I'm Not So Funny Anymore
is one of my favorite jokes that I'm telling here for the last time:
an old Jew, converts to Christianity. On the morning after his conversion,
he awakens, puts on tefillin and commences his morning prayers.
His wife says, "Meyer, what are you doing? Don't you remember
that you converted?" To which Meyer smacks his forehed and
says Goyische kop!" Roughly translated the punchline means:
"Gentile thinking!" Meyer blames his memory lapse on the
fact that he has become Christian and thus stupid.
years I told such jokes and thought them harmless fun. Ethnic humor
often employs negative stereotypes (the dumb Pol, the drunken Irishman,
the lazy black) for quick, recognizable response. But since I was
telling the jokes exclusively in the =company of other liberal-minded
Jews, where was the harm?
harm was - and I'm a few decades late in getting this - that a joke
that puts down one group while seeming to elevate another not only
disparages the former but can also reveal an arrogance and insecurity
in the "elevated". And not just in the immediately vicinity.
Humore, like gossip, is an arrow that can land anywhere. Especially
in this time of the Internet. And, like loshan hara, it's a gift
that keeps hurting.
positive stereotypes can be destructive. In 1890, anti-Semities
used the myth that German Jews possessed superior intelligence and
were thus over-represented in areas like law and medicine as an
argument to revoke professional privileges.
of us have memories of parents and grandparents who told jokes about
"the other" at a time when laughter was their only weapon.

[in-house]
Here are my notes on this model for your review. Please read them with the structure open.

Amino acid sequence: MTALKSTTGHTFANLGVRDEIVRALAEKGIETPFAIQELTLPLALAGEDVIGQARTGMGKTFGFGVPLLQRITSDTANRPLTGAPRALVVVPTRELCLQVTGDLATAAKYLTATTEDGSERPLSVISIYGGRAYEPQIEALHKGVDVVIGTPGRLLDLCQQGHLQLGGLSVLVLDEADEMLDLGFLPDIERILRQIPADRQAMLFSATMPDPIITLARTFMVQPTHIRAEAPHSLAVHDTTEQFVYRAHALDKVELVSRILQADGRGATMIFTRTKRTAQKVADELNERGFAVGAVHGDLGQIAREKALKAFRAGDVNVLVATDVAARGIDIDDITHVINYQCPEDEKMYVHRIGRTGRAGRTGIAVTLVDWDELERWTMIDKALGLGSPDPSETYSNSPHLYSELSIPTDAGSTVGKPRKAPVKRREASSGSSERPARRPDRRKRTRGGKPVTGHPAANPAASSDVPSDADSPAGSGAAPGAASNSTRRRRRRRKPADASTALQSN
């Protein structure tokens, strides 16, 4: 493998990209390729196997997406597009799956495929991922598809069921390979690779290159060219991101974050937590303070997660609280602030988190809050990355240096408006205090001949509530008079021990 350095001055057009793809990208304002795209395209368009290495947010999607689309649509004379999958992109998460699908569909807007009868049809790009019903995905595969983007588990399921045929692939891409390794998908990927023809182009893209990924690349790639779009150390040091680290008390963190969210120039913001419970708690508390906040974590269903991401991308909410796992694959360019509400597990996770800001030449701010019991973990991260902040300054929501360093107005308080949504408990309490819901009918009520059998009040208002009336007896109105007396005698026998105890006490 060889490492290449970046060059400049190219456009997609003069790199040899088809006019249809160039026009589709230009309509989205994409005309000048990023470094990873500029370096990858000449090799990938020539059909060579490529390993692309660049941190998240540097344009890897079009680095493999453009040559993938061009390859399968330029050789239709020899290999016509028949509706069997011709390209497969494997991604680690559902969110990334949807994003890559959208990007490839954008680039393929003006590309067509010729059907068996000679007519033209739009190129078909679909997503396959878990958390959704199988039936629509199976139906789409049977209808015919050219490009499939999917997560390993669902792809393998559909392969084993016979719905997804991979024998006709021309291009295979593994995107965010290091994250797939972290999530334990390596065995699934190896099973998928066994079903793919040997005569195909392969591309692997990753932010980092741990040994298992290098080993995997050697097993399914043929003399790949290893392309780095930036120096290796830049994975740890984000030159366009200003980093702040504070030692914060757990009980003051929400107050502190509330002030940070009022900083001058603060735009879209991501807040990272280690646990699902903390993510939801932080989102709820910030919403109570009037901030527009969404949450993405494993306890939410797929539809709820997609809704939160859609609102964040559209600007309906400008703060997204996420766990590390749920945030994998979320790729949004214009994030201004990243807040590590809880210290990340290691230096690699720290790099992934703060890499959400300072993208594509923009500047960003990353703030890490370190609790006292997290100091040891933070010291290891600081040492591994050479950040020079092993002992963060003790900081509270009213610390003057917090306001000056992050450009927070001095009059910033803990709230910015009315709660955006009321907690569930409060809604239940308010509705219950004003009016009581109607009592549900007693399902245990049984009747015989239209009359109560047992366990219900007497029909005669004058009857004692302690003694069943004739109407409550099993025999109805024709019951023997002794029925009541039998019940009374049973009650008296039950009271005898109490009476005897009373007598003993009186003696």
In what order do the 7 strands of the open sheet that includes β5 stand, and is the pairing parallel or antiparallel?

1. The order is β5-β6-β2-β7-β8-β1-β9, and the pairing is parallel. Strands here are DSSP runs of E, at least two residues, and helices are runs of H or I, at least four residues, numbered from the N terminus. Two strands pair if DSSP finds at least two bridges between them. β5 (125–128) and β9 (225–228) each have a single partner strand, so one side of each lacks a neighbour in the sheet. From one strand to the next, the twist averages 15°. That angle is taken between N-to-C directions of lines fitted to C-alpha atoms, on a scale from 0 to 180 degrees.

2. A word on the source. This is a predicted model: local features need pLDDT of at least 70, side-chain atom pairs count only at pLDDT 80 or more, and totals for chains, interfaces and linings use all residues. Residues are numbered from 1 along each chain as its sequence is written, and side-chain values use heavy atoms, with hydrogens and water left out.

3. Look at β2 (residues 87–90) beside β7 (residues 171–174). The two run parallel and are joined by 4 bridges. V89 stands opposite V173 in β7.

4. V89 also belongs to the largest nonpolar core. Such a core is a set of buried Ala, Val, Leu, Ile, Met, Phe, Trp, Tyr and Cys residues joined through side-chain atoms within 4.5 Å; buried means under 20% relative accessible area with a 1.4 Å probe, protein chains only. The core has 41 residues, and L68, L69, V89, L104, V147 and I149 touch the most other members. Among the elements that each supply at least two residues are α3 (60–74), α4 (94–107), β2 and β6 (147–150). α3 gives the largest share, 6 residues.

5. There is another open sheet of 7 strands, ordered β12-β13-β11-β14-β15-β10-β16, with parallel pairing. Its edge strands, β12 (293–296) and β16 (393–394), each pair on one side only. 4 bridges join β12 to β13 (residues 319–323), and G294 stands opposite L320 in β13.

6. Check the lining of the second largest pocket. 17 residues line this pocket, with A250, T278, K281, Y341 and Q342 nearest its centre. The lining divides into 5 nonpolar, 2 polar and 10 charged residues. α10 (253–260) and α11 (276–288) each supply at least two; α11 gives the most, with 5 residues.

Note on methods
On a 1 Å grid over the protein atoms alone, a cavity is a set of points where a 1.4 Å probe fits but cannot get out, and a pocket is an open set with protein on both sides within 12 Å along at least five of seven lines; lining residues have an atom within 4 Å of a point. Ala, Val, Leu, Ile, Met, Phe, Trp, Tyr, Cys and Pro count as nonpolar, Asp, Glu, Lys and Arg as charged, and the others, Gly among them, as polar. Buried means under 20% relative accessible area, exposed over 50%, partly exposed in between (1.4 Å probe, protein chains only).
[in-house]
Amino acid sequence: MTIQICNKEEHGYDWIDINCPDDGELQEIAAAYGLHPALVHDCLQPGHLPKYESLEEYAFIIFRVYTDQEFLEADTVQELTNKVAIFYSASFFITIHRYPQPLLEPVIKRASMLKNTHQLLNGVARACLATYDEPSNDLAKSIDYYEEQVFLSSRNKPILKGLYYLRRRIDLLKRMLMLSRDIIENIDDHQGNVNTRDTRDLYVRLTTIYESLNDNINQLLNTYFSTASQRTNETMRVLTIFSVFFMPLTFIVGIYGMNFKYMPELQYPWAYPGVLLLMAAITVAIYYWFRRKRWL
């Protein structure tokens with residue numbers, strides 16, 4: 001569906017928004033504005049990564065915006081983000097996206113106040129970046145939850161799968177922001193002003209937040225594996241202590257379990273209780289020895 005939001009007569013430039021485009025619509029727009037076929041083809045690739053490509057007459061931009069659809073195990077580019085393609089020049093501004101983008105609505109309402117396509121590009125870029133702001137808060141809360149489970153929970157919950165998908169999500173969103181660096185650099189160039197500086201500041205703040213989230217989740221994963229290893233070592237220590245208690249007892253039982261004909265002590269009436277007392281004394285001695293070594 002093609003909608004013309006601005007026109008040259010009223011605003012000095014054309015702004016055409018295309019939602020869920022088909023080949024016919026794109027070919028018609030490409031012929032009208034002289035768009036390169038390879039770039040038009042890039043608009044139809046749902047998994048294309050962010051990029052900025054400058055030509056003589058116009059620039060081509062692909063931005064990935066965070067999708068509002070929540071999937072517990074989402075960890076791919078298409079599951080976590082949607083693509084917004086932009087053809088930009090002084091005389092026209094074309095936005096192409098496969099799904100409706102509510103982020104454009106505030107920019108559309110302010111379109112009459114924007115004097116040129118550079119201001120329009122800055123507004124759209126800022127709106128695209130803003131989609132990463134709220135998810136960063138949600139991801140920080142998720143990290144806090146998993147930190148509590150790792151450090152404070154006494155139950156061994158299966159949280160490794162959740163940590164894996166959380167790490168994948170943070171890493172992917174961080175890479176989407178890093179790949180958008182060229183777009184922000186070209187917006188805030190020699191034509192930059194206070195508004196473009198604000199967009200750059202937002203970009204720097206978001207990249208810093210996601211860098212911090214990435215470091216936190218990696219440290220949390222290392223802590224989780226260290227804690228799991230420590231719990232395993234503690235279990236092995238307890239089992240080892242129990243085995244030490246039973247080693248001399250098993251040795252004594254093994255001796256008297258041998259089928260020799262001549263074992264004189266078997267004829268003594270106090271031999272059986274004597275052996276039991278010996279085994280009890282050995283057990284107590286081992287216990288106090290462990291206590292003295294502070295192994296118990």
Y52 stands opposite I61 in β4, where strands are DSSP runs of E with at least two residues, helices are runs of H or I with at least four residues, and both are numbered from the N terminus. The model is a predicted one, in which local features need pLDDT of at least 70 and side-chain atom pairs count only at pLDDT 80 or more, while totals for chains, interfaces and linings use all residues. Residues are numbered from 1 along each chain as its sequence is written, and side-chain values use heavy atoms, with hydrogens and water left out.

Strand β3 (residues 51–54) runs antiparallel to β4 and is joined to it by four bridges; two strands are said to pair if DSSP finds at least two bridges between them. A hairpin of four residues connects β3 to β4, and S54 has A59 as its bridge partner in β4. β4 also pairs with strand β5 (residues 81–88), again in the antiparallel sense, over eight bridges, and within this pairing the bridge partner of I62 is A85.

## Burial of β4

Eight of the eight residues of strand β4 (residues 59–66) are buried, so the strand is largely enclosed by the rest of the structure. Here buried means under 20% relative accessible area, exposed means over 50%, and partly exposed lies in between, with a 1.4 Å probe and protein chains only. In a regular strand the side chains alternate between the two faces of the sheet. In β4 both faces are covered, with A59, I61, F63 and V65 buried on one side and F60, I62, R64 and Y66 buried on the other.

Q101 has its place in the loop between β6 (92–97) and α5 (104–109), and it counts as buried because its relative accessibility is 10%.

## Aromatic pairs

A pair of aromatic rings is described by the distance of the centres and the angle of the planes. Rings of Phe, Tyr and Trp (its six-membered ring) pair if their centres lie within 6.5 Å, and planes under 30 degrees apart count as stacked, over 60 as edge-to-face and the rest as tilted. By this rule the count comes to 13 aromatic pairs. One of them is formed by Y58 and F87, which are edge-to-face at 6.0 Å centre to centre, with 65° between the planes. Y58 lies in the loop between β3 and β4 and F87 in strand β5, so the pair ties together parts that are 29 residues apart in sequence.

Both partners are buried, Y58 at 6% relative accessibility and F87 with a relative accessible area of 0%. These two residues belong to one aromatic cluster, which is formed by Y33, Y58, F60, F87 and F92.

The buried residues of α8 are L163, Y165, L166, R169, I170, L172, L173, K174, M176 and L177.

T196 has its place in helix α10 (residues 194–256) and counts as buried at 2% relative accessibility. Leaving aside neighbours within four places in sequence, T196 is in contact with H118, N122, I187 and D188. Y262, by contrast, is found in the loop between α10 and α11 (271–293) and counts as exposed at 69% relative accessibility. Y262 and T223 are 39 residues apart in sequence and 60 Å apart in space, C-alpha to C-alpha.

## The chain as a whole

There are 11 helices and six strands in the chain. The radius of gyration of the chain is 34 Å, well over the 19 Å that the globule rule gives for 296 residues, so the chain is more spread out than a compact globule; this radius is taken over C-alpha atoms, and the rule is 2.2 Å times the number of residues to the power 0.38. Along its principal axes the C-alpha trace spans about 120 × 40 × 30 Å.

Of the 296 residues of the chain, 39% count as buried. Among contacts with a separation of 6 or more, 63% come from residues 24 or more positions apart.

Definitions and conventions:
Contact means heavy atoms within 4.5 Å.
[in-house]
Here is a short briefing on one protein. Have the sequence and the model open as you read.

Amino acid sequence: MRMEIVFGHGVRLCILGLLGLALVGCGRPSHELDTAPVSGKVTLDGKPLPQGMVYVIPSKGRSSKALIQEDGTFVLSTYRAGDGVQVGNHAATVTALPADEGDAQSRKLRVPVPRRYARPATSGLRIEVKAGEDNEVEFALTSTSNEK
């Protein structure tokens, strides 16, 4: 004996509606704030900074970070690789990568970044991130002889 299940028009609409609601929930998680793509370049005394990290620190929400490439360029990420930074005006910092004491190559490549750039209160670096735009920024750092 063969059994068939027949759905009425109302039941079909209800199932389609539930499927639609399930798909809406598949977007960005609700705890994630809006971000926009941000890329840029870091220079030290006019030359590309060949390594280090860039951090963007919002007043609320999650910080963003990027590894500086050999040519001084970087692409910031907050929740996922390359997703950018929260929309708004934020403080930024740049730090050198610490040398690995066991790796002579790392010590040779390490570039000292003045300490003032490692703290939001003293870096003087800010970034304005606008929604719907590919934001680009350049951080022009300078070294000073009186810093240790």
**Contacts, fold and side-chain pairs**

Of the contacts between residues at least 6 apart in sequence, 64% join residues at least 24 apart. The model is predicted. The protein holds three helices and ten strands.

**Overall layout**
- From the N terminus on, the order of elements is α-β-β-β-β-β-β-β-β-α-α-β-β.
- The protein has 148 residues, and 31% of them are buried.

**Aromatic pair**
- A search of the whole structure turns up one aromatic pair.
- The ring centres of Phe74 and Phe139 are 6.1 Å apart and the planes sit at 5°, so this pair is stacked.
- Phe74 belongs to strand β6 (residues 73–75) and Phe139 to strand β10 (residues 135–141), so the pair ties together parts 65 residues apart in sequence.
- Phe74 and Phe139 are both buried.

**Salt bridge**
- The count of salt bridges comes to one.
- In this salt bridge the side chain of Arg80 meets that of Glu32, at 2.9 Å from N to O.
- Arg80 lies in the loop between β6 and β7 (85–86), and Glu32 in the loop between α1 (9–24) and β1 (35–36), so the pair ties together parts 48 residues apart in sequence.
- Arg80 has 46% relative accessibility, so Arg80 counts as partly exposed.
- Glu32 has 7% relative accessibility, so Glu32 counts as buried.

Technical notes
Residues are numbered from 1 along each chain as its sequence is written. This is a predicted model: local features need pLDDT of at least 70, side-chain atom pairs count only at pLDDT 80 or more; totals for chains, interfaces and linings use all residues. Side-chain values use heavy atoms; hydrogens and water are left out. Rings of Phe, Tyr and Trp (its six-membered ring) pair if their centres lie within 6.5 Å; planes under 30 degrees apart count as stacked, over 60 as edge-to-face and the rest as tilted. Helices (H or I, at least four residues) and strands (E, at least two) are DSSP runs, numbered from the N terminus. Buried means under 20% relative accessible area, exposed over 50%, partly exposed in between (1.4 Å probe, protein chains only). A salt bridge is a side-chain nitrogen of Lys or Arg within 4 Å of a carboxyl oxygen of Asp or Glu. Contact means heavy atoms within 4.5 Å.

Some of that humor still exists today. An old Jewish woman is dying.
She says to her son, "Quick, go get a priest. I want to convert."
"But why?" says her son. "Better one of them should
go," his mother explains," than one of us.
mabe. But hurtful, probably, if you happen to be "one of them".
Jewish Renewal, one of our affirmations is "we will ourselves
treat with respect and open-mindedness those who belong to other
peoples and walk other paths than our own." In our own havurah,
there are members who are not Jewish, others who are converts with
loyalty to families and friends who practice other faiths. And,
on the level of simple decency, ridiculing another is not a trait
we would wish to pass on to our children.
that is innocent or self-directed can show humanity and humility.
It can reveal one's shining soul. But punchlinessthat are put-downs
expose the darker side of a peson and a people.
when it comes to laughs that wound, my personal promise it let the
joke stop here. But did you hear the one about the three non-affiliated
squirrels who go into a bar.....?
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